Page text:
Today is World AIDS Day... again. Another year has gone by, and it seems like we have become even more complacent. As a girl who began her career in the sexuality field as a 15 year old HIV/AIDS educator, I cannot let this day pass without acknowledging how HIV has shaped my life.
I am pretty sure that I would not have the career that I have today if it had not been for the AIDS epidemic. In the early 1990s, my parents helped to institute peer education programs and raise money for HIV/AIDS awareness for students, parents, and community leaders. My parents ushered me into a world of sex education. They put condoms on bananas at our dinner table in order to teach us about safer sex (long before my sister and I would have ever considered having any kind of sex). The fact is, if my parents hadn't sent us the message that sexual health was important, I might not be the person I am today.
So I suppose it is necessary to ask the questions: If HIV is preventable, why are there over 56,000 new infections in this country every year? Why is it that red ribbons are only worn on December 1st -- or occasionally to the Academy Awards? Why do we continue to think that HIV/AIDS is a problem for other countries, but not our own? Is HIV not stylish unless talked about in the context of its global implications?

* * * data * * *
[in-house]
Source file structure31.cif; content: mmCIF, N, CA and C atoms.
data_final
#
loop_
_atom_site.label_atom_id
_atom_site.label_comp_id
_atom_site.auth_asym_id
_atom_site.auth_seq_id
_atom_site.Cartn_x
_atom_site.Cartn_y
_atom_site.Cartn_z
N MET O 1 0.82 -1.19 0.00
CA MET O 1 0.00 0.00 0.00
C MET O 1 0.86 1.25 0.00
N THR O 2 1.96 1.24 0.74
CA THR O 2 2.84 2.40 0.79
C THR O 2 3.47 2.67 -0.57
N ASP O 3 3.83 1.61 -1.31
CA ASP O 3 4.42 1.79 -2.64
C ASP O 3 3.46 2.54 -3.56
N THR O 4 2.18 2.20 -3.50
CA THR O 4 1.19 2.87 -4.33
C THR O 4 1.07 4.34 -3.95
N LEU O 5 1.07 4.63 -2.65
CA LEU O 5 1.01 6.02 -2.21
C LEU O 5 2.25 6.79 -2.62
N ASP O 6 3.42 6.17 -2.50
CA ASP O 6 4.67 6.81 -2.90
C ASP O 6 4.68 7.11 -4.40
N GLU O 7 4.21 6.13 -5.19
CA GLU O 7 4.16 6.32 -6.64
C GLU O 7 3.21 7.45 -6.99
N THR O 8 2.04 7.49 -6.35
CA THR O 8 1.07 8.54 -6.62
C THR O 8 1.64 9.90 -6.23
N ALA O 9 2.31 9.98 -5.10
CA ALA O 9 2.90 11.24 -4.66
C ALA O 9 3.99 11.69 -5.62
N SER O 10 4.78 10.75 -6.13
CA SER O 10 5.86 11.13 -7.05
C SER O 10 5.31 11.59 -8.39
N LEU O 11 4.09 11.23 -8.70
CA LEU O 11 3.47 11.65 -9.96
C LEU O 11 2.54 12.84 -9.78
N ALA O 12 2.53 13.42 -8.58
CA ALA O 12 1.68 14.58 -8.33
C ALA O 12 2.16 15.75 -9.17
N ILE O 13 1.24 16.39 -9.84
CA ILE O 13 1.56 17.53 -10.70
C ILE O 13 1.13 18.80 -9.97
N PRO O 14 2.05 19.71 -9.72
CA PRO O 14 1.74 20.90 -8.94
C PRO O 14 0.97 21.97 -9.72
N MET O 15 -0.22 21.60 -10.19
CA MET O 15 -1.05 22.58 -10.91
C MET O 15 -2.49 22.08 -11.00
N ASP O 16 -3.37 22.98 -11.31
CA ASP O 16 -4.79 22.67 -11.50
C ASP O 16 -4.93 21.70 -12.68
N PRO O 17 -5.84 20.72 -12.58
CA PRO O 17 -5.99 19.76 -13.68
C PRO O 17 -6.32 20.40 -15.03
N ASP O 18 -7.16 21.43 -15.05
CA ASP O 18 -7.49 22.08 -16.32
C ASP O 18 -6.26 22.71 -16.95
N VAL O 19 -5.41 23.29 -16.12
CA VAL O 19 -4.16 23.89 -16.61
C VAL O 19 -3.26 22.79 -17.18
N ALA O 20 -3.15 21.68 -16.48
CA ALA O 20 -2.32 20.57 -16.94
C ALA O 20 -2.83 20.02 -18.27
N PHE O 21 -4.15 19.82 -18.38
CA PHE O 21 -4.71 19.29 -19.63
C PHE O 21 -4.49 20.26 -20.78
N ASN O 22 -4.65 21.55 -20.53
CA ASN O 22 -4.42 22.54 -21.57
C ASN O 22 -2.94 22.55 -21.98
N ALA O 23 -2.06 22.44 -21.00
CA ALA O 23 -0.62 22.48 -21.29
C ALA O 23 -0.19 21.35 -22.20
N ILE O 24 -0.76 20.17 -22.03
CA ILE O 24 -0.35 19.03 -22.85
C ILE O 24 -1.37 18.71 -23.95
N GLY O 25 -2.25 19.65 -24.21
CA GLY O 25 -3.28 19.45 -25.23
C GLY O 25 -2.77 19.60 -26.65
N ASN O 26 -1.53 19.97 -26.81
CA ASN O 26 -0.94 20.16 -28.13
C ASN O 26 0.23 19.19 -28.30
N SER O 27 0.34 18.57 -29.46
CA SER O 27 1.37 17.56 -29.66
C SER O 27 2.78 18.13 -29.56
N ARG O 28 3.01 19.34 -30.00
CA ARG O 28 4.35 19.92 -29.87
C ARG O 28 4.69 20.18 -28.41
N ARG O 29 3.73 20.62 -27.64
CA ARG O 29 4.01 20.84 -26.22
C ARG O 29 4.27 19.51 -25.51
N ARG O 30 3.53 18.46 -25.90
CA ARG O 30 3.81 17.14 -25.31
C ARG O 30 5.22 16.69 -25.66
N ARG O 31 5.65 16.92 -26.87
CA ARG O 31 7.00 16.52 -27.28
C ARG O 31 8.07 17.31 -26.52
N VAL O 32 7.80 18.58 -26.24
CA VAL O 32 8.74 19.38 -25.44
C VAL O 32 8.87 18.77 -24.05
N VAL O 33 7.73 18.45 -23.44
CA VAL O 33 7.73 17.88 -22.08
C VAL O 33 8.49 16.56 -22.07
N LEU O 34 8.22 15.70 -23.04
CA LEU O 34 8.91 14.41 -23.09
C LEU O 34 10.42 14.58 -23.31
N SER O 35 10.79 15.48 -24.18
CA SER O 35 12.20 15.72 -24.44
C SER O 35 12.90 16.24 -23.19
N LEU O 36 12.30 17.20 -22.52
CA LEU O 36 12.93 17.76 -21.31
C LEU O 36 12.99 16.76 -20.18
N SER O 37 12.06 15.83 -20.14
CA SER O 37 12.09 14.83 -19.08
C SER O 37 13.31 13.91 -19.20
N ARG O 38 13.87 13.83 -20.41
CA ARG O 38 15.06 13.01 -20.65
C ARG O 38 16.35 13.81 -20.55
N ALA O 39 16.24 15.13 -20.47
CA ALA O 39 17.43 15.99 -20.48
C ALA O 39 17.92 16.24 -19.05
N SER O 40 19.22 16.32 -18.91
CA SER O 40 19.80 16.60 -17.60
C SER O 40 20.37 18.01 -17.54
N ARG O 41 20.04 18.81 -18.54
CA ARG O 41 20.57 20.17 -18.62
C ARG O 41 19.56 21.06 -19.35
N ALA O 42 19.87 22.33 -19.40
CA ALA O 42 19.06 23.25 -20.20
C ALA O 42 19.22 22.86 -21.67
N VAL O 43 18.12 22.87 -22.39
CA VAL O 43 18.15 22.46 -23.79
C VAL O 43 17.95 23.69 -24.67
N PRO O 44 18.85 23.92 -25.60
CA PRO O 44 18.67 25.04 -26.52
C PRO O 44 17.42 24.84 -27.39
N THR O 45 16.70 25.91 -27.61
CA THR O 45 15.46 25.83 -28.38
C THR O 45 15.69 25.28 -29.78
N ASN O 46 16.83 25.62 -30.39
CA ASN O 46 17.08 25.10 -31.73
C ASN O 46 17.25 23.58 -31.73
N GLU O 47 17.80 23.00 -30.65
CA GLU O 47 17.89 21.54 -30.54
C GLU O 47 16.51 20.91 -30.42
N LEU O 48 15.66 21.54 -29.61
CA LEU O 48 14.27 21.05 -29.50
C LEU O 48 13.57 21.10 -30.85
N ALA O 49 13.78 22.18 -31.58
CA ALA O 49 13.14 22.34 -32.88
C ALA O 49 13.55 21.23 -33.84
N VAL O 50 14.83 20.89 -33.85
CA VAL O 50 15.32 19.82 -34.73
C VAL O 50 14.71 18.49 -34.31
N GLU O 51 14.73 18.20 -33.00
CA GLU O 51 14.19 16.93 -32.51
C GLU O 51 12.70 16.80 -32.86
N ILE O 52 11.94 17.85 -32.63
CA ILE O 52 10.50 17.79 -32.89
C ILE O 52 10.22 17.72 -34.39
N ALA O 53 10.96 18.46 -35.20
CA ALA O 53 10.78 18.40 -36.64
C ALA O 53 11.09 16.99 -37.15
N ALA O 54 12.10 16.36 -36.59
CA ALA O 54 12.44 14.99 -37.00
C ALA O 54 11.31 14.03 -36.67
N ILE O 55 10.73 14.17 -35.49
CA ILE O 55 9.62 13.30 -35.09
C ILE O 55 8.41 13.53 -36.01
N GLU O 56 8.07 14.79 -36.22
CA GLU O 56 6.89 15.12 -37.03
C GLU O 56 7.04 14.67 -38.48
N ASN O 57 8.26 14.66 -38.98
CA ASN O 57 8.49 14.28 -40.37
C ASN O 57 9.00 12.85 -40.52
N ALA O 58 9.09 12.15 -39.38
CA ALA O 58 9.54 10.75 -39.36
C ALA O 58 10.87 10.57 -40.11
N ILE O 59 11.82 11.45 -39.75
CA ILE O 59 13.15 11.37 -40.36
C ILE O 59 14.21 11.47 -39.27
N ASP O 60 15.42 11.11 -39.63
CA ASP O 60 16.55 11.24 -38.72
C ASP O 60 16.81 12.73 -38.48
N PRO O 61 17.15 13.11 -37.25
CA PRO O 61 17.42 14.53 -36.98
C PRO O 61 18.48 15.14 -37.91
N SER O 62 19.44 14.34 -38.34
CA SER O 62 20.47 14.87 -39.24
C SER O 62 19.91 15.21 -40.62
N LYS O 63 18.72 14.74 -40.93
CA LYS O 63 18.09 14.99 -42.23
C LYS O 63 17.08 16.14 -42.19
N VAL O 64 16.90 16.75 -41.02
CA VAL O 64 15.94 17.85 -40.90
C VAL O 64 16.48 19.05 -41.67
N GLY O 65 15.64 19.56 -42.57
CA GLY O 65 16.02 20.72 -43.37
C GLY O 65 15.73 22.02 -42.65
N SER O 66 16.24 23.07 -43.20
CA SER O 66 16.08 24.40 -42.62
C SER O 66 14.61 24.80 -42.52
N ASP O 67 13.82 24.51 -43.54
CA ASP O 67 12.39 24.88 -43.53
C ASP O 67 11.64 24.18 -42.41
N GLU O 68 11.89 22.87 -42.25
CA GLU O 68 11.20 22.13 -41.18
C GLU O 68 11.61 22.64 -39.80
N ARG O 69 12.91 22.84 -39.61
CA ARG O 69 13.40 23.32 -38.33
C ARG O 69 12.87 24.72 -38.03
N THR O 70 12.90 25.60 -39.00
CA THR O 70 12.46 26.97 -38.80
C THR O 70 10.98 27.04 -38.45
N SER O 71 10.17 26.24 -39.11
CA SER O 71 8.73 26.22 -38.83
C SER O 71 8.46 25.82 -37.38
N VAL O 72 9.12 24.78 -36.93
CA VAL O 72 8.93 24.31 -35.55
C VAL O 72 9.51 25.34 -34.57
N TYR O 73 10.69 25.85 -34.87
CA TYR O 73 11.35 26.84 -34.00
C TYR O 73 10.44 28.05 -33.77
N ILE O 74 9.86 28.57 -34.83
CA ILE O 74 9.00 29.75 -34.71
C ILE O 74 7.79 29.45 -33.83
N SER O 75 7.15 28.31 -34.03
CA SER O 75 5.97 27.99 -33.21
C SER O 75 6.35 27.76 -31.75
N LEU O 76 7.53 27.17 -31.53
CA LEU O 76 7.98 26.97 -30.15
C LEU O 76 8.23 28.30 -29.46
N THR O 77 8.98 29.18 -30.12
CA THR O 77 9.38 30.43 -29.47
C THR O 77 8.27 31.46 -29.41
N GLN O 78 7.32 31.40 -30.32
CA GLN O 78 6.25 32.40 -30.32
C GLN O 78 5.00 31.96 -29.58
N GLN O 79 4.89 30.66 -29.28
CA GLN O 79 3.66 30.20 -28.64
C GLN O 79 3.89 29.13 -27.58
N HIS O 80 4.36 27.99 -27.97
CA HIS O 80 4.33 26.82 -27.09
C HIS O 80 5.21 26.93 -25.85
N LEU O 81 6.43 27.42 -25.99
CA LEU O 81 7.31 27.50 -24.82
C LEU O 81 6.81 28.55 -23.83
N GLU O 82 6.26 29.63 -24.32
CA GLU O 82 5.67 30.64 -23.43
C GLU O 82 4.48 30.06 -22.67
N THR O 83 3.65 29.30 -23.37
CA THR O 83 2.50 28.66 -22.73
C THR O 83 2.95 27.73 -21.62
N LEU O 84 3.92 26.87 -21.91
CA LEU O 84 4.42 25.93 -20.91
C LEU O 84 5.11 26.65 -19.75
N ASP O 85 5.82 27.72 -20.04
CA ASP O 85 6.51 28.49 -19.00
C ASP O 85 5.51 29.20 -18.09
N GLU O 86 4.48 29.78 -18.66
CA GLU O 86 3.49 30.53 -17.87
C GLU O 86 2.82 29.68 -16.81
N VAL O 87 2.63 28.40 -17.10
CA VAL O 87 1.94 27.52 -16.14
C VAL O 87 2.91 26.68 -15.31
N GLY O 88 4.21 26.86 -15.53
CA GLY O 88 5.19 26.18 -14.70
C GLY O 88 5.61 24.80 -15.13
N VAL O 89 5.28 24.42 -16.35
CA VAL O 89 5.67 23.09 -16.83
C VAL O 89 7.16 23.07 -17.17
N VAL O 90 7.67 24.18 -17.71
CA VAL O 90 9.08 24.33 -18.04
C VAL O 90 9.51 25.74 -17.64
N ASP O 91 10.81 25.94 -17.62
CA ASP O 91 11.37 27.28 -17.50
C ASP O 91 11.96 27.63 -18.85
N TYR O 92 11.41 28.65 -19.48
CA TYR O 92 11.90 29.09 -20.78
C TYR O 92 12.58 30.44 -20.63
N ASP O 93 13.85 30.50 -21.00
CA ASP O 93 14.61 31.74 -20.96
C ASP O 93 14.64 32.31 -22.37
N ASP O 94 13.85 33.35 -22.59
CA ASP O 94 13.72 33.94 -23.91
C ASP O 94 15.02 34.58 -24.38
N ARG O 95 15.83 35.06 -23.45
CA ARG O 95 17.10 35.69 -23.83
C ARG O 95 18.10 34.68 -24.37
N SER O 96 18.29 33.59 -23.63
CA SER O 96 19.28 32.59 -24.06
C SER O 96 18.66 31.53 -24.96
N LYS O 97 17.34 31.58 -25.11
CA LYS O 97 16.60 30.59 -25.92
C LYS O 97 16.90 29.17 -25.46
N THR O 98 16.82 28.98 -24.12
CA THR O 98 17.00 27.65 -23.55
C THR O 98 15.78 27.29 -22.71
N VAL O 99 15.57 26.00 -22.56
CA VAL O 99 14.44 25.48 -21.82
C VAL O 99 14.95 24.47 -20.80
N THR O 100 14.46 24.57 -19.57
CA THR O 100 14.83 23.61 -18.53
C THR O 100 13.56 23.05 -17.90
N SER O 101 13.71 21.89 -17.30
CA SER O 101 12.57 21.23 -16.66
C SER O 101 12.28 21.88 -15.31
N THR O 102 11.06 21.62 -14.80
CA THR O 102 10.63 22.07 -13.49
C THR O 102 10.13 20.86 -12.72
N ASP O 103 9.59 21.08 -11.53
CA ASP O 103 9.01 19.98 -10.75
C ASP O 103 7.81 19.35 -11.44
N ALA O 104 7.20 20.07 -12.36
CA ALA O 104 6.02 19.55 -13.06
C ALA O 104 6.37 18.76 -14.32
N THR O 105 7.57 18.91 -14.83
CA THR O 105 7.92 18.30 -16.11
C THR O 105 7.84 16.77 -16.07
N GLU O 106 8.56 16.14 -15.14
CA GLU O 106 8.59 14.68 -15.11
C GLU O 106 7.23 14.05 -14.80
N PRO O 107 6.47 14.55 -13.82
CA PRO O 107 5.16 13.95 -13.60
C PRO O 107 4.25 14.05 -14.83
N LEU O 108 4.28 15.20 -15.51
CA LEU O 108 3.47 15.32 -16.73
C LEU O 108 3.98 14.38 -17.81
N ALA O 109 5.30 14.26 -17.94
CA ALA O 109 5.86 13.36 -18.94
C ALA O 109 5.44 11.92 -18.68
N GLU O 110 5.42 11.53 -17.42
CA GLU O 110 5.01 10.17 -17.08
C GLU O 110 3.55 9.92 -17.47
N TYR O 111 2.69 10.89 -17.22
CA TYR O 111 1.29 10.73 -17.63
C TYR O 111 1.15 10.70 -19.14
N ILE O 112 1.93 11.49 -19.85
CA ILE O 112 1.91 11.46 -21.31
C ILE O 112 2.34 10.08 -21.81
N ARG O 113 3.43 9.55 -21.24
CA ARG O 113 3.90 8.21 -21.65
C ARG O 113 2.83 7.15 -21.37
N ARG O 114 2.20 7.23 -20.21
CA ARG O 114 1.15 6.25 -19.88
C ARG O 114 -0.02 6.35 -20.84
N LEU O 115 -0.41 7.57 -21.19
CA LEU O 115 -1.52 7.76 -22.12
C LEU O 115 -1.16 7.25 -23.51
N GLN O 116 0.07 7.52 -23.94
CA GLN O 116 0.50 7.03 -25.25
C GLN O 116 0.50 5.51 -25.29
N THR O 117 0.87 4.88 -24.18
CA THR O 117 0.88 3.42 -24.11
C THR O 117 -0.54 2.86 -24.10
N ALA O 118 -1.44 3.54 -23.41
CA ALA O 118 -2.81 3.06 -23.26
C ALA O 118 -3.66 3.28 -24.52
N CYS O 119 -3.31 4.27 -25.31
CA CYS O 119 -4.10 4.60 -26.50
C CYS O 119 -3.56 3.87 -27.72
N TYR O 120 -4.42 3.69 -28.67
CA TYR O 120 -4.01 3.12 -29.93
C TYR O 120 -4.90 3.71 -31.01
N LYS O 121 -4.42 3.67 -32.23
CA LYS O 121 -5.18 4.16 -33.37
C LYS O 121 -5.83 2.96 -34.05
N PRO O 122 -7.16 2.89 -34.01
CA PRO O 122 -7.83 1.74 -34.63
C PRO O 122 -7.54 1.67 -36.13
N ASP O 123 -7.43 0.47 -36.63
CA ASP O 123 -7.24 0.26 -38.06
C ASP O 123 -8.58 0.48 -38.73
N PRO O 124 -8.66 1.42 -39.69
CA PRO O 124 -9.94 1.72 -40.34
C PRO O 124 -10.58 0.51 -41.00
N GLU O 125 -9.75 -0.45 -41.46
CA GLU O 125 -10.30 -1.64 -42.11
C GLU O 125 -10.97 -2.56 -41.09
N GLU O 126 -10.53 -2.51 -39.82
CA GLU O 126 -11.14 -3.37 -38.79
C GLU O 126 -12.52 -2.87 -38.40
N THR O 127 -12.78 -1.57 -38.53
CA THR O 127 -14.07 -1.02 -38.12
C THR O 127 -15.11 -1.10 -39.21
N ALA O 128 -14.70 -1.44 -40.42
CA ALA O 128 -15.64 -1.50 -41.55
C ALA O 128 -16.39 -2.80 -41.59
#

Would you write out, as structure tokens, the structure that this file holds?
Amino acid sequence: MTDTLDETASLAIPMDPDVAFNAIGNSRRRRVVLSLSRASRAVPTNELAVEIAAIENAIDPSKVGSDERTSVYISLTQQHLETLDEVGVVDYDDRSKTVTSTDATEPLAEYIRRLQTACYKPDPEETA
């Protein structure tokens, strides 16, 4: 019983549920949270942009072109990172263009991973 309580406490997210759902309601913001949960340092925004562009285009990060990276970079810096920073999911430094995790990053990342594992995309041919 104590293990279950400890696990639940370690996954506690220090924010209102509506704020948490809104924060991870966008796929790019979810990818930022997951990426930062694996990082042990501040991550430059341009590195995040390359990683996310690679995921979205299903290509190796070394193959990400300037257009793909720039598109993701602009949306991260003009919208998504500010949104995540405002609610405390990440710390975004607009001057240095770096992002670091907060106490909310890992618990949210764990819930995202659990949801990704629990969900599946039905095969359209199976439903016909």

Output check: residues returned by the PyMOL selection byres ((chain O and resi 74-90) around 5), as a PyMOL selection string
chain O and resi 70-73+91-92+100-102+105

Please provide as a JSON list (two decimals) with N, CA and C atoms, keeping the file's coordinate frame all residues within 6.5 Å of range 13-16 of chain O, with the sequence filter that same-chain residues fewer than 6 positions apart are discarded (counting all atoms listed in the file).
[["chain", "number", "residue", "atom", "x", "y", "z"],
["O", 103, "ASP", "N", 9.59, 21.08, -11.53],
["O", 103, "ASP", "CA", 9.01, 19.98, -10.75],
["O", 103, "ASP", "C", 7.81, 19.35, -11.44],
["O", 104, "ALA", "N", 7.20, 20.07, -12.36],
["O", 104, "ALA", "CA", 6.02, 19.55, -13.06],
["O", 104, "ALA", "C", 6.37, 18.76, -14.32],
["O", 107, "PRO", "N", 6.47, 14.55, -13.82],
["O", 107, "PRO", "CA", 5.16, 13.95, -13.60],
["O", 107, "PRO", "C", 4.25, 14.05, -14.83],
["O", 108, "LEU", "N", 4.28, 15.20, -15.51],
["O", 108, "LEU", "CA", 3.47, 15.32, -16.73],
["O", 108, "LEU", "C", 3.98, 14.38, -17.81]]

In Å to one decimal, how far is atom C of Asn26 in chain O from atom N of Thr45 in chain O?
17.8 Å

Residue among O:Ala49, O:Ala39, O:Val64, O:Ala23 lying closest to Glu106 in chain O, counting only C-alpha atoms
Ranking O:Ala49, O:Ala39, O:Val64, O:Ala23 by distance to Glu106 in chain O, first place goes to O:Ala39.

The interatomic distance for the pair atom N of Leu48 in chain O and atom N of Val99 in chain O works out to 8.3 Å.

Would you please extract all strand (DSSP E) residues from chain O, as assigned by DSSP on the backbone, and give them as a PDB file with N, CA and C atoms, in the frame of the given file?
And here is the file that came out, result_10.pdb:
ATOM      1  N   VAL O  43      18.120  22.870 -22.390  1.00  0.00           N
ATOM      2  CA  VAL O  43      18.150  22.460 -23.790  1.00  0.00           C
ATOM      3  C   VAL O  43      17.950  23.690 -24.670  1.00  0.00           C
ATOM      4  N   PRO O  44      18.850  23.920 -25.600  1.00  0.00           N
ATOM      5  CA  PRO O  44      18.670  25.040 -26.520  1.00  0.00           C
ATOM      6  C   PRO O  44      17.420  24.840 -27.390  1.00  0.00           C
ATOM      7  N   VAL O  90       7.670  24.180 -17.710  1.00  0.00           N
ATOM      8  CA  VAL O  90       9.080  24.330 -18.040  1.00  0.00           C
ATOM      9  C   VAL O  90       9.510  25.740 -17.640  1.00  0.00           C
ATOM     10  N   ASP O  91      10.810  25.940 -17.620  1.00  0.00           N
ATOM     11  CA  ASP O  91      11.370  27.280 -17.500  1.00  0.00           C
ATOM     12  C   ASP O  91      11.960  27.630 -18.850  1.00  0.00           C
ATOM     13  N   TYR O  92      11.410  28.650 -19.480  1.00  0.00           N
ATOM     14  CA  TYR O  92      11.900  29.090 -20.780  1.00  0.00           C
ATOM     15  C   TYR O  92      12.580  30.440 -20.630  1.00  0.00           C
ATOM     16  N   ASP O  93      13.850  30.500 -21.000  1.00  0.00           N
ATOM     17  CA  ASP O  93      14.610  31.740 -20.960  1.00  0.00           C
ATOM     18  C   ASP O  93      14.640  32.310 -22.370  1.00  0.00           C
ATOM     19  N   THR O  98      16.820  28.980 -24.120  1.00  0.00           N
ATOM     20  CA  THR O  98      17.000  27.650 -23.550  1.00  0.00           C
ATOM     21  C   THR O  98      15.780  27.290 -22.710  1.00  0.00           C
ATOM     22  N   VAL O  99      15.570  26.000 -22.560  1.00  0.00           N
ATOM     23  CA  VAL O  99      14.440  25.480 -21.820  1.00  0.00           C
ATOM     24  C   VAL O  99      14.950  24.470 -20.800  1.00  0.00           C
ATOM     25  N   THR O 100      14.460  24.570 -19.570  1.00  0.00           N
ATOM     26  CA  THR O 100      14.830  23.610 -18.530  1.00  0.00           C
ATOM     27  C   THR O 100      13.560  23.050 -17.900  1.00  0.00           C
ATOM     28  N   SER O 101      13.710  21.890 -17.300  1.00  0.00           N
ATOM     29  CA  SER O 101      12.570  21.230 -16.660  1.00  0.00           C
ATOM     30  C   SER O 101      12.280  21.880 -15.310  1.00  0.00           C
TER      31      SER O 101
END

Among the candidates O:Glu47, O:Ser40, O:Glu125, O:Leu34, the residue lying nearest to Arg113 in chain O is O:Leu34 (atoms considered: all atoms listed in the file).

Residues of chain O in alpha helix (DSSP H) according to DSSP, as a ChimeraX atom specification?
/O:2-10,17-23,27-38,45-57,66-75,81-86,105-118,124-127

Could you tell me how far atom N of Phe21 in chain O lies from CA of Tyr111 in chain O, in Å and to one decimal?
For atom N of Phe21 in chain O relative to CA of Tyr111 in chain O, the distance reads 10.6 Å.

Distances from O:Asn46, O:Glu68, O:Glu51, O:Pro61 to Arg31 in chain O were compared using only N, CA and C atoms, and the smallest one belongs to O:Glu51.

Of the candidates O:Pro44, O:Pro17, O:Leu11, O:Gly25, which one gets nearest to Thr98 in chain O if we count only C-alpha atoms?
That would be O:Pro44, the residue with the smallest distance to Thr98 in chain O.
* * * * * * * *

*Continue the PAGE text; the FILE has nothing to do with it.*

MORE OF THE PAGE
Don't get me wrong. The global AIDS epidemic is one that can keep me up at night. But I am concerned for my students. I am worried about what is going on in our backyards. I am worried about how my teenagers perceive their risks and how they plan on reducing those risks.
For those of us who came of age when HIV and AIDS was top of mind, sex always included condoms. (Still does.). HIV testing was a rite of passage for a person who became sexually active in a post-HIV world. (Still is.) It is impossible to be sexually healthy if you don't get tested and encourage your partners (and friends) to do so as well.
I often speak with my friend, Regan Hofmann, the fearless editor of POZ magazine, about the problem with perceived "HIV manageability." Sure, HIV is hardly the death sentence it once was, however, there is no doubt that we should be taking the necessary precautions to avoid contracting it. Which is why it is always so surprising when I am sent articles about the deliberate recklessness in which some people engage in sex.
Is it really so hard to buy a box of condoms? Is it so hard to pop a Trojan into your pocketbook or your pocket on the way out for the evening? Is it really so hard to ask someone who you are willing to let inside of your body to use a condom? Imagine a nurse walking over to the biohazard box in order to retrieve a needle to draw our blood. Would we ever let that hypodermic near us? So why is it so different with sex? Today, like most days, I ponder this.
So to Regan, my HIV-infected and HIV-affected friends, and all the other champions in the HIV prevention world, I salute you. And to all of you style mavens out there; my red ribbon will forever go with everything.